In the beginning I felt ok, and picked up the pace. I knew it wasn't a PR day, but I started to think about having a good race time. By mile 5 or 6, those thoughts were history. Normally when I run my races I start slow, and gradually speed up. I'm not sure if I started too fast, or if it was the weather, but in this race I gradually slowed down. At some point I decided I was going to finish under a 9 min pace, and so I was paying attention to each split. As the splits went above 9 minutes, I felt like I was just trying to hang on until the finish. It was tough.

(pretty sweet course, eh?)

The splits:
8:59 (I missed the 5 mile marker.)
9:15 (for the final 1.1 miles.)

Not my best run race. I managed to meet my "goal" and finish in 1:56:57 (I've gained 2 seconds on the official time), for an 8:55 pace.

For those of you who've inquired about my knee, thanks. It basically held up. I started feeling it at mile 11 or 12 but it really wasn't bad. Maybe it's just time, but I think the quad stretches have really helped. I'm still doing them. (Incidentally, my quads themselves were really sore the next two days, and I had significant soreness walking around in Florida.)

So after the marathon being too warm, the rest of my time in Florida was too cold. Of course it wasn't really cold, but the mornings were in the 40s to 50s, and the highs were in the 60s. I didn't have to wear a jacket, but I couldn't go to the beach either. It was disappointing, but I had a nice relaxing time anyway.

I ran another 4 miles on Tuesday before I left Florida, and then another 6 on Friday, back in the Bronx. I felt my knee a touch on Friday, and I really think it has to with the cold. I just feel stiffer in the cold weather.

This morning was another NY Road Runner race. I wasn't really in the mood to race, but I'm always trying to get 9 qualifying races in the year, so that I can get guaranteed entrance to the NYC marathon. This race counts towards the 2008 marathon, which is 21 months away, and who knows what I'll be up to then. Since I don't run the Saturday races, and I'm occasionally working during the Sunday races, I try to do most of the races I'm available for.

Anyway, the weather this morning was cold. And I mean cold.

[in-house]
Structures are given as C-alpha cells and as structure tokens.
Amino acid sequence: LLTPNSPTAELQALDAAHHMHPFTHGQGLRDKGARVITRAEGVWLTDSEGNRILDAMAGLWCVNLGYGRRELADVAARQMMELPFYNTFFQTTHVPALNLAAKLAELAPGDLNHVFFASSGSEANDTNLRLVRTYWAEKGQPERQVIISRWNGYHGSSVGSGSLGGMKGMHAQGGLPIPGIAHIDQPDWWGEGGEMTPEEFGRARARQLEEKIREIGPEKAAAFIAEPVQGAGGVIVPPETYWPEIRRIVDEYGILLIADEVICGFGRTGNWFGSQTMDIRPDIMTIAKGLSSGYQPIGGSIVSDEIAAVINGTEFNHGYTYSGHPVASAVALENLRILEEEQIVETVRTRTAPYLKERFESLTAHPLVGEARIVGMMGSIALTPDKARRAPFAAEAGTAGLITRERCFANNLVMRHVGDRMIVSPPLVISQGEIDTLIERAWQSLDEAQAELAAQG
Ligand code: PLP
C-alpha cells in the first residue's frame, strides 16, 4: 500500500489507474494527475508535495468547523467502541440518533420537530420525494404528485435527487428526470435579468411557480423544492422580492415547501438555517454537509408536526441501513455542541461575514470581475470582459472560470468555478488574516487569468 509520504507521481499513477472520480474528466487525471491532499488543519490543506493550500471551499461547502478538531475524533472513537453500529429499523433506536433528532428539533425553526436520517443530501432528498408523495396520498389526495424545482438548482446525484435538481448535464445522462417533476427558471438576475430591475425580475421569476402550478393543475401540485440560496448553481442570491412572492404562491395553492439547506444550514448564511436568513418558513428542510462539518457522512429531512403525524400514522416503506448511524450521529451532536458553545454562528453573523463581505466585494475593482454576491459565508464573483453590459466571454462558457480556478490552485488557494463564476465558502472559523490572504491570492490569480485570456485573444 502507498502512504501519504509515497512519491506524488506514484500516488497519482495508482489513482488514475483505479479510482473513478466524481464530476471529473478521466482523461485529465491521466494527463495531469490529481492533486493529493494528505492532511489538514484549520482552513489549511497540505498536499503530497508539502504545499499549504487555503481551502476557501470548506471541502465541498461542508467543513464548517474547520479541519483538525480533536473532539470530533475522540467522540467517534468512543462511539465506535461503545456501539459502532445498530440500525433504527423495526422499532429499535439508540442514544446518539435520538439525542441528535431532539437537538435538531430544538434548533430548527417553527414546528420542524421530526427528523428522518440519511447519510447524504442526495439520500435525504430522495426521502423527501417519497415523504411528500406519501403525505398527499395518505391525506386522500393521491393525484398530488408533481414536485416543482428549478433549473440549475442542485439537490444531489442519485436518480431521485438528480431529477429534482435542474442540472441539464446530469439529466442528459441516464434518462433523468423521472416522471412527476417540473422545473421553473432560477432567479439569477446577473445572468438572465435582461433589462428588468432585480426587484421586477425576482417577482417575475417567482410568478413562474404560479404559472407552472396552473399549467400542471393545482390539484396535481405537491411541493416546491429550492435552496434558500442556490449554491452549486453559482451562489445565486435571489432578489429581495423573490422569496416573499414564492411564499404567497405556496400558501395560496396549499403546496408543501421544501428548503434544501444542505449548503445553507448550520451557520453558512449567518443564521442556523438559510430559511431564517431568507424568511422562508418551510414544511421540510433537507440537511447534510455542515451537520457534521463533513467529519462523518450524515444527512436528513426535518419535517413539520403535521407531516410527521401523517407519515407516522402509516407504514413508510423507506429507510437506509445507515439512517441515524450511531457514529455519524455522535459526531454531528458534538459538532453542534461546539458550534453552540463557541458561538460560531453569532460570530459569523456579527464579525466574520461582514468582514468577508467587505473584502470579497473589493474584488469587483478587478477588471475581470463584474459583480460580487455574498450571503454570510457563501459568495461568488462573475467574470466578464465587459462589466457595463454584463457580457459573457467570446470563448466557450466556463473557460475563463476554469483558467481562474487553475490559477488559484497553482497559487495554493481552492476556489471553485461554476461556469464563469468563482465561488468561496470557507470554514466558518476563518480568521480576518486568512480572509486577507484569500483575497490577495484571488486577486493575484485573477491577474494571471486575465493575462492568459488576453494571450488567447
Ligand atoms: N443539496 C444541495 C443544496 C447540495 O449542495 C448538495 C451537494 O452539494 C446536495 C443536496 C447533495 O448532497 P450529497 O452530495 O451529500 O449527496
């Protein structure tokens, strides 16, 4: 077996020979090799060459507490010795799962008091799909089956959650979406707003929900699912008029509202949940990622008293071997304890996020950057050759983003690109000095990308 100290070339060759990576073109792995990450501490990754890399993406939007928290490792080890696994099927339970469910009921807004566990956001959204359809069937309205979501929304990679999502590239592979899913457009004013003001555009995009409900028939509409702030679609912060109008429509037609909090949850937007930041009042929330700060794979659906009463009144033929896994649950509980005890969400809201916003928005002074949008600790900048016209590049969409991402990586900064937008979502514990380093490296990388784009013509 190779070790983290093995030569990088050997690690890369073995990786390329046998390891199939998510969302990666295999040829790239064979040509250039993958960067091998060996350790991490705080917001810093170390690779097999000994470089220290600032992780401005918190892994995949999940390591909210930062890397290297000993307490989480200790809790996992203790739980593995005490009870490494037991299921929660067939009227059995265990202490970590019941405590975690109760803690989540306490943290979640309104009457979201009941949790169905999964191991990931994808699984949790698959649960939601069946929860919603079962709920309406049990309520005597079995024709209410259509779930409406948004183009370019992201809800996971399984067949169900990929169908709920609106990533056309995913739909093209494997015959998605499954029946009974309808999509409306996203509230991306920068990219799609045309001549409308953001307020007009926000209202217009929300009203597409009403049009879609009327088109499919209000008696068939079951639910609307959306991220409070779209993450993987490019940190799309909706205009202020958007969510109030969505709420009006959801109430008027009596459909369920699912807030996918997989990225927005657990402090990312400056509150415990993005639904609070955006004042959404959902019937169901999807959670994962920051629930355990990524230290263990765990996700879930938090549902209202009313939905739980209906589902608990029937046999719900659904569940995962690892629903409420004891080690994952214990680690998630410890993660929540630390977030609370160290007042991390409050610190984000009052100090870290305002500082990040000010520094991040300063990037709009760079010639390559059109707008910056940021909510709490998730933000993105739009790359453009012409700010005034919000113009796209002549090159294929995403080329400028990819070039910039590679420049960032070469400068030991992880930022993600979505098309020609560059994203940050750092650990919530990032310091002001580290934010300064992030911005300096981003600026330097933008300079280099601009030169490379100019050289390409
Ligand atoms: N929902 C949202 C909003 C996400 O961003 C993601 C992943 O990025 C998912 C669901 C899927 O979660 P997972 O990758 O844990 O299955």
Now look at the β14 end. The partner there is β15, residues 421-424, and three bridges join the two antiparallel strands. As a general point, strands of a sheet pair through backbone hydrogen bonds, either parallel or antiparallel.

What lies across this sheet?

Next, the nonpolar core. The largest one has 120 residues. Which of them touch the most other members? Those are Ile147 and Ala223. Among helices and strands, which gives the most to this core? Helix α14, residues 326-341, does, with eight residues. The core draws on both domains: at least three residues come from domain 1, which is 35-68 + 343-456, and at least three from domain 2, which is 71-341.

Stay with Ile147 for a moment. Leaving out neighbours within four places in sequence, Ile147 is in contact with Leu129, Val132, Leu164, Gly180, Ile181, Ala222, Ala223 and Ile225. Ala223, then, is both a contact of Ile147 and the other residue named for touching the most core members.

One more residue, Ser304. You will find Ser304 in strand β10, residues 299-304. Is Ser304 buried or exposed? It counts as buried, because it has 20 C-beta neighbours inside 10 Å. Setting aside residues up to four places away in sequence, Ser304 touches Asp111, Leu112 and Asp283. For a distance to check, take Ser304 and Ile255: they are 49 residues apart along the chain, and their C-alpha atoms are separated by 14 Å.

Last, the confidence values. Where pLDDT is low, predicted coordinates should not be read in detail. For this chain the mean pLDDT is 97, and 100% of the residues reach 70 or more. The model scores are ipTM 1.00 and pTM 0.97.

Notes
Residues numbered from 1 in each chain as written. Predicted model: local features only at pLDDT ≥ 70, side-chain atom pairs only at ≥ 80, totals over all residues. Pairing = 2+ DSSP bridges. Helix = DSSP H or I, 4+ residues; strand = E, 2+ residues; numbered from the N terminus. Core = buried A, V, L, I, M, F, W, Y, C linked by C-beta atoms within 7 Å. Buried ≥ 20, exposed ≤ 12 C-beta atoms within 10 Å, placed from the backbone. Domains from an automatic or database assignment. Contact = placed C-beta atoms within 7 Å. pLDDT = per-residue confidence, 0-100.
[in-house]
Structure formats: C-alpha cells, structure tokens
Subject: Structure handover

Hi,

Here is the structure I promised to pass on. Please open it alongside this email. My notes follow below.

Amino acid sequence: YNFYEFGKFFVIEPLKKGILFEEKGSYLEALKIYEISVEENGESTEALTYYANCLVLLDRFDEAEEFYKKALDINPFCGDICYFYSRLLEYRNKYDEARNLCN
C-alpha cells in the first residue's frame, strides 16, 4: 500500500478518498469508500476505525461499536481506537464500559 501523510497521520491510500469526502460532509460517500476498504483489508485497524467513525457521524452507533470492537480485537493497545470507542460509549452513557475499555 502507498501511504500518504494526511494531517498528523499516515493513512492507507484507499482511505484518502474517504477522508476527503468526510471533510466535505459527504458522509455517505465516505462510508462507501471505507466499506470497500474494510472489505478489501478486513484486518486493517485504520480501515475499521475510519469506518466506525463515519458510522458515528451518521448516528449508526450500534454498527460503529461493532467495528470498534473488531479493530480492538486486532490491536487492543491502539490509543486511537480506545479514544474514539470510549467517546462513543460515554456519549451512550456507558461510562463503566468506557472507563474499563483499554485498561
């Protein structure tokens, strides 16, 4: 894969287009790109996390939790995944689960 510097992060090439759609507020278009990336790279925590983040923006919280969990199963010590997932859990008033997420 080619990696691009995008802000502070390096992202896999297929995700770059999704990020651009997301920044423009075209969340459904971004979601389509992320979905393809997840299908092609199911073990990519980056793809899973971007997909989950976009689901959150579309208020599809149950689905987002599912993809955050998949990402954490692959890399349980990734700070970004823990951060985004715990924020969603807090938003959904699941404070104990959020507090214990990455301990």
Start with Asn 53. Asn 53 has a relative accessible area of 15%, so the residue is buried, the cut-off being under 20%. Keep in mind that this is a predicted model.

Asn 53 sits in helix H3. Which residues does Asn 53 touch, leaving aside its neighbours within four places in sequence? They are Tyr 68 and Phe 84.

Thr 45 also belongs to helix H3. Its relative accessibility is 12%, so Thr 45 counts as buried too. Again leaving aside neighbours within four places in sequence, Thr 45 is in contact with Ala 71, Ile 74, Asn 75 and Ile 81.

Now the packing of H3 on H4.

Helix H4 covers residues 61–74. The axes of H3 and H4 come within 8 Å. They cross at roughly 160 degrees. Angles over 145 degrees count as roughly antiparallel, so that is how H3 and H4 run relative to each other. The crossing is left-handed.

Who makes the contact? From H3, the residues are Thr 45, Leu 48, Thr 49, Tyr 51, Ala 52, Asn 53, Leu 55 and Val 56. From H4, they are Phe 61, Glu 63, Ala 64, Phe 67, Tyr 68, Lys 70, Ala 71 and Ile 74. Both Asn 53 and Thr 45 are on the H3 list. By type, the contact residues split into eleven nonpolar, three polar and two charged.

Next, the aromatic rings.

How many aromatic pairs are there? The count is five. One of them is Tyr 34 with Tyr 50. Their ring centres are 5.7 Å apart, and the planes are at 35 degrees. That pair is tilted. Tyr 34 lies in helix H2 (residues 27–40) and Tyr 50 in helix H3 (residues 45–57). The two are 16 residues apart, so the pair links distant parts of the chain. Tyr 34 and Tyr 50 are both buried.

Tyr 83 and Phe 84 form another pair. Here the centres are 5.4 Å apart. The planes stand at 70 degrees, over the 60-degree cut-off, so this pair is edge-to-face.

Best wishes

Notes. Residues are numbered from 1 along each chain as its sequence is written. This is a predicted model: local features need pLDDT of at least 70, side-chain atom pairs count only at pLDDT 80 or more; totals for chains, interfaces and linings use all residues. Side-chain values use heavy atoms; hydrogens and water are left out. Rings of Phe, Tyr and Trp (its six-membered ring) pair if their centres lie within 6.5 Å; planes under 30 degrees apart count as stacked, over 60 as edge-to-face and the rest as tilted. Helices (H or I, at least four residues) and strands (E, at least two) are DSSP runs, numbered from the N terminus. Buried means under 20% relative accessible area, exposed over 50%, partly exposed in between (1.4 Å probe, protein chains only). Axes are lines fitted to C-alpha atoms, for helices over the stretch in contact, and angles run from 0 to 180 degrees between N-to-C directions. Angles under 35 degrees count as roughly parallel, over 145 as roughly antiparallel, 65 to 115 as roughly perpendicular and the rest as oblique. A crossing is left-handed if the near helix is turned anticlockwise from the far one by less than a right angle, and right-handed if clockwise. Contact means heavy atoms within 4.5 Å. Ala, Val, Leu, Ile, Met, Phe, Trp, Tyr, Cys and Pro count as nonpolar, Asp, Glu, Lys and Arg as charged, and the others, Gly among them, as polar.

I figured that meant the race would be relatively empty. Nope. Not even close. 4,474 finishers. I wish I had a camera this morning; there were runners coming from every direction. I knew why I was doing it, but I'm not sure what everyone else was thinking. They're nuts! Just to prove that, there were more than a few runners wearing shorts. Shorts! One guy ran by me with short running shorts, a short sleeve tech shirt, and a hat with a pom-pom on it. I think that when you run a race where the water stations freeze over (the first time I've seen that), you shouldn't wear shorts.

Anyway, I was just taking it easy out there. Had I been trying to race, I probably would have been annoyed. They tried out this "wave" starting system today. It totally sucked. First of all, I had to wait 15 minutes just standing around to start. In 16 degree weather that's not fun. Second, the race was more crowded than ever. Usually the races are crowded in the beginning, and then people settle into similar paces as the people around them. In other words you pass the slower people, the faster people pass you, and by the middle of the race most people around you are about the same speed. Today's race was a mess. I was passing the slower people from the wave ahead, and the faster people from the wave behind were passing me. This went on throughout the entire race. So instead of just weaving at the beginning, I had to do it even as I approached the finish line. Very annoying.

The splits:
9:48 wave start my butt. it was still crowded.
9:06 taking it easy
9:17 deliberately taking it easy
8:15 last mile, and I'm feeling ok, so why not?

Final time, 36:27. Not great, but I didn't care. As I put this race into my race history, I noticed that I ran it last year as well. Last year it was my first race after the marathon, and my time was 39:58.

I know the post is getting long, but I have one more thing to show you. When I was down at the expo in Miami, there was this chiropractic clinic there that had a booth. They were doing free foot scans so I had one done.

On the left are my scans, and on the right are what they said were "balanced". What they tried to tell me was that on a balanced scan the pressure should be on the heel and on the ball, and long story short, I need orthotics. Which they could sell me.

I think it's a crock. Nobody should be standing on just their heel and ball of their foot. I've looked into this before, and there's a way to test what kind of arches you have. If you wet your foot, and then stand on a piece of paper, by looking at the imprint you should be able to tell what kind of arches you have. Here are diagrams from 3 different web sites.

Nobody should look like the picture they have labeled as "balanced". And in fact, I think my feet look pretty normal. Needless to say I didn't buy the orthotics.